acquisitions of this sort, thinking and reading in silence tend to be
accompanied by movements of the lips. Energetic eftort to realize
the full import of the visual sign occasions the same phenomenon.


afforded by the general character of a musical com-
position than to the mere sensuous satisfaction produced
by pleasant sound. Cultivation increases the refine-
ment and extends the range of this capacity for
happiness, but at the same time rendering the faculty
more keenly alive to defects and blemishes it anni-
hilates many minor pleasures possible to the less
delicate taste. Discord is painful to the musical
ear, and harsh sounds of any kind, as well as intense
noises, have an unpleasant effect on all normally
endowed persons.

Sight. — Physical and Physiological conditions. —
The formal object of the eye is coloured surface.
According to the now generally accepted undulatory
theory, the physical conditions of sight consist of
vibrations transmitted to the eye through the inter-
vening ether from the reflecting or self-luminous
body. Difference of colour depends on variation
in the rate of rapidity of the vibratory movements.
The organ of vision is an optical instrument of a
very complicated and ingenious construction. The
eye-ball is a nearly spherical body containing within
it three masses of transparent liquid or gelatinous
substances called humours, and so arranged as to
form a compound lens. The shape of the eye-ball
is secured by an outer coating called the sclerotic,
which embraces the whole eye with the exception
of the circular spot in front, where the transparent
cornea takes its place. Under the sclerotic is a
second covering, the dark choroid coat, and over the
interior surface of this towards the back of the eye
is distributed the retina. This is a transparent
network composed of several layers of fibres and
nerve cells, and connected with the choroid by a


layer of rods and cones. These latter seem to be
the properly sensitive apparatus. In the centre of
the retina is the yellow spot, which is the most
sensitive part of the organ, and here the rods and
cones are packed in greatest abundance. From the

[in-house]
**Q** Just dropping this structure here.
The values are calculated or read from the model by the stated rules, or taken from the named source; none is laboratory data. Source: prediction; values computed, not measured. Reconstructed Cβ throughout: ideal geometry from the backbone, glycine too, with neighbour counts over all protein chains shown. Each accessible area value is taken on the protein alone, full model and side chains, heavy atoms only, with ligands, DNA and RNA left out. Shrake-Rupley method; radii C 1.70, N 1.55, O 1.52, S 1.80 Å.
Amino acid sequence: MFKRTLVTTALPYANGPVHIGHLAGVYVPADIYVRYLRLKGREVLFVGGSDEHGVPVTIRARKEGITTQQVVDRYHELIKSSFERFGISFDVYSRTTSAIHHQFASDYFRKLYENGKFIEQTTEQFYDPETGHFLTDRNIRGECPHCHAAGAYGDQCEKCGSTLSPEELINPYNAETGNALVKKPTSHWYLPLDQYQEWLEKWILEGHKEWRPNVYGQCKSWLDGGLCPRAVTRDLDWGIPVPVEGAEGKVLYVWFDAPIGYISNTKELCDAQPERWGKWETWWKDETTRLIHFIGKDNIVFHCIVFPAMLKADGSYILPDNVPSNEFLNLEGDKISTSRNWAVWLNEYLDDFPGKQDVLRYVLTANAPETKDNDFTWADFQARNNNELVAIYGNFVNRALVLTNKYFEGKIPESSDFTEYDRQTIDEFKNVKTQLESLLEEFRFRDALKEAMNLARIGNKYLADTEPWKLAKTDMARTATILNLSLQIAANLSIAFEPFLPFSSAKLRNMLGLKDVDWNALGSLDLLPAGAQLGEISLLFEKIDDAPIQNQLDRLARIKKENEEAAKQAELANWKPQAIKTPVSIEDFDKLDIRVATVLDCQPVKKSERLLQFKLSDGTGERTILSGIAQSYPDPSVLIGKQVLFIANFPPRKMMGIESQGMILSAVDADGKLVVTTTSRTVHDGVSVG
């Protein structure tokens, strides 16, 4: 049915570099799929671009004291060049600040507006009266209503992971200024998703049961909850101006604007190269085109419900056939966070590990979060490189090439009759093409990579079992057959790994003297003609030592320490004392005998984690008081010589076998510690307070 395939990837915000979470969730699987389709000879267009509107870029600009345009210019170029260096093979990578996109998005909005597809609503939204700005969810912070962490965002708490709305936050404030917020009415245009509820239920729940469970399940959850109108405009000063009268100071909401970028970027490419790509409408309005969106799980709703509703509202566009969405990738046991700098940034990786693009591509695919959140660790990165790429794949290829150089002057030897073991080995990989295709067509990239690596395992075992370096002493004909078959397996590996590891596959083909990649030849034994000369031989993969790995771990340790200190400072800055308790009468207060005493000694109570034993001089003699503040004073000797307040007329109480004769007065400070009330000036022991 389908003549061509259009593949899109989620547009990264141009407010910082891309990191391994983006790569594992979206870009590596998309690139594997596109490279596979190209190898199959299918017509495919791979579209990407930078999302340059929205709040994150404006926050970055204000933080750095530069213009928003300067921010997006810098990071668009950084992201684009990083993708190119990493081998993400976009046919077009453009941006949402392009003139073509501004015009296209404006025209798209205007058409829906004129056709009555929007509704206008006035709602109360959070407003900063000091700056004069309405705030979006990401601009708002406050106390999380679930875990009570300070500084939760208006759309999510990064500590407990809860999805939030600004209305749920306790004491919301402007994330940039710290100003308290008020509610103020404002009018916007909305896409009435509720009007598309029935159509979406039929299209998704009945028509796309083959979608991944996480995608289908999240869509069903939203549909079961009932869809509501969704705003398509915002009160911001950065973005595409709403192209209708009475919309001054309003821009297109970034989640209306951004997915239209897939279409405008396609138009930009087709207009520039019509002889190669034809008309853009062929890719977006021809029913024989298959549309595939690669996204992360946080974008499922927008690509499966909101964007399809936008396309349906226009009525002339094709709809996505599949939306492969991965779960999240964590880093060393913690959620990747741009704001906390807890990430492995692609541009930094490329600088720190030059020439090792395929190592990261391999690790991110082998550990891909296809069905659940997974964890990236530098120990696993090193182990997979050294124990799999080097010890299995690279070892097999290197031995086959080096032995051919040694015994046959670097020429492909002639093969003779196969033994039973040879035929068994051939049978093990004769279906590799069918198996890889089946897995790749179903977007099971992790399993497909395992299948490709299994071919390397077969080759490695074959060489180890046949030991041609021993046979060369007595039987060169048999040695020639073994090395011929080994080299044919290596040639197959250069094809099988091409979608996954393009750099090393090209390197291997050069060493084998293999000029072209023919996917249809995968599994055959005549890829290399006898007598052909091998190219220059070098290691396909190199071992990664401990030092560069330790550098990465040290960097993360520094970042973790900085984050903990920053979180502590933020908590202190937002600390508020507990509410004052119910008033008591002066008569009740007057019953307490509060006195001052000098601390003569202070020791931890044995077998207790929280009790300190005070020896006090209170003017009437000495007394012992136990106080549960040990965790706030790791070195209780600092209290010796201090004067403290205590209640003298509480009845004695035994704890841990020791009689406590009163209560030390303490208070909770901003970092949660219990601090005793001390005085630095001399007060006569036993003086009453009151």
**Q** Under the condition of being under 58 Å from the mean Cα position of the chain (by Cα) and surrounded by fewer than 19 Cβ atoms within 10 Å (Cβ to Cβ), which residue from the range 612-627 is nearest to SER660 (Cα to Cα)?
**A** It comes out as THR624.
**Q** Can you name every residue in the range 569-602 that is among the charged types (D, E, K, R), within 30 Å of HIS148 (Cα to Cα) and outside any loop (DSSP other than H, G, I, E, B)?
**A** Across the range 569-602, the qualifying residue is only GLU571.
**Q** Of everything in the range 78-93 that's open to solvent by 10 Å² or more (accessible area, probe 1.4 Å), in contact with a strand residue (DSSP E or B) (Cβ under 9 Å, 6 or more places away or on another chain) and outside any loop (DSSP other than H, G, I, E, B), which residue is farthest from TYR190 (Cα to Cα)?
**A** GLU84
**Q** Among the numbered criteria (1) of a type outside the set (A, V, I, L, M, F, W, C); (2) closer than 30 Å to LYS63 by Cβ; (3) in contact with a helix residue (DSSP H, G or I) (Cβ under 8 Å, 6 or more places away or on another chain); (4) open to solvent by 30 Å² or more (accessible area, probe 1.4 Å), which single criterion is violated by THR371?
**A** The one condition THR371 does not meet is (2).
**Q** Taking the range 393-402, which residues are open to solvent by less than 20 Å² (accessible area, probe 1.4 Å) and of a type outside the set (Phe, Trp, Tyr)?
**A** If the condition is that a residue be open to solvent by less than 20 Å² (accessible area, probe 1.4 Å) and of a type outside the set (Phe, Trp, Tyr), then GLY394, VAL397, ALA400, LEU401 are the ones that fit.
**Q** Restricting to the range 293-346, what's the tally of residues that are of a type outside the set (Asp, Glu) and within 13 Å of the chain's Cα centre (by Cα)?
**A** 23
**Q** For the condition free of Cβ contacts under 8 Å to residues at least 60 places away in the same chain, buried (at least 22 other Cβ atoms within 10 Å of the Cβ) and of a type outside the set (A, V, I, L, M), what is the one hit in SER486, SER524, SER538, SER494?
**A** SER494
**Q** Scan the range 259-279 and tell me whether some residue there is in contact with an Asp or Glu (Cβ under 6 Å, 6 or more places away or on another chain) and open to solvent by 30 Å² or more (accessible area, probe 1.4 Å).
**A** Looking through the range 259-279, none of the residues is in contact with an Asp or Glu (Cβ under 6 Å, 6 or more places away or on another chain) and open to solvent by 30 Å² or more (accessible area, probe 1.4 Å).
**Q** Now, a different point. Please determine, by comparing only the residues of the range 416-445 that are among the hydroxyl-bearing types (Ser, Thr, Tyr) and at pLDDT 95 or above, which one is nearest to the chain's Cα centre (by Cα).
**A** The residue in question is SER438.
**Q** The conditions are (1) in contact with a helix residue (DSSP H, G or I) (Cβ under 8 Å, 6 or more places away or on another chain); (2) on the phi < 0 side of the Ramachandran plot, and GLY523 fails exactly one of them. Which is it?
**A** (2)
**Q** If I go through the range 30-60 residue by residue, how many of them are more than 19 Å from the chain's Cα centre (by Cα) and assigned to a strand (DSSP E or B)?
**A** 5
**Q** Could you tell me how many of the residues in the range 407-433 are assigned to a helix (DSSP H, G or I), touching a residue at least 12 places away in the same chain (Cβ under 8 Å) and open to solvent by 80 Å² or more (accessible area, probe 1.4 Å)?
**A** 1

retina slightly to the side of the yellow spot the
optic nerve proceeds to the brain. Rays falling on
it are unperceived, whence it is styled the blind spot.
Of the humours filling up the main body of the eye,
the middle one, called the crystaUine lens, which is
of double convex form, is the most important. The
shape of this lens is capable of alteration, being
rendered more or less convex by the automatic
contraction or extension of the ciliary muscle to
suit the distance of the object viewed. When
something is presented to the eye, the rays passing
from it enter the pupil of the eye and are con-
centrated by the lens arrangements so as to form
an inverted image on the retina. From the layer
of rods and cones forming the inner stratum of the
retina, this impression is conveyed as a neural
tremor to the brain, whereupon the sensation is

Sensations of Sight. — There are attached to the
eye both muscular and visual sensations proper.
The former, which measure the movement and the
greater or less convexity of the eye-ball, contribute
very much to the accurate determination of the
special relations of visible objects. The visual
sensations proper are those of light and of colour.
These are susceptible of very delicate shades of
difference, and the various hues of colour and


degrees in the intensity of light which can be
distinguished in a landscape are virtually innumer-
able. It has been estimated by means of some
ingenious experiments that an increase in the force
of a stimulus equivalent to about one in one hundred
can, within certain limits, be just discerned by the
eye. The principal species of colour generally
recognized are the seven hues of the spectrum, red,
orange, yellow, green, blue, indigo, and violet.
There are a large number of distinguishable inter-
mediate tints between these leading colours, and
the terms have therefore not a very exactly defined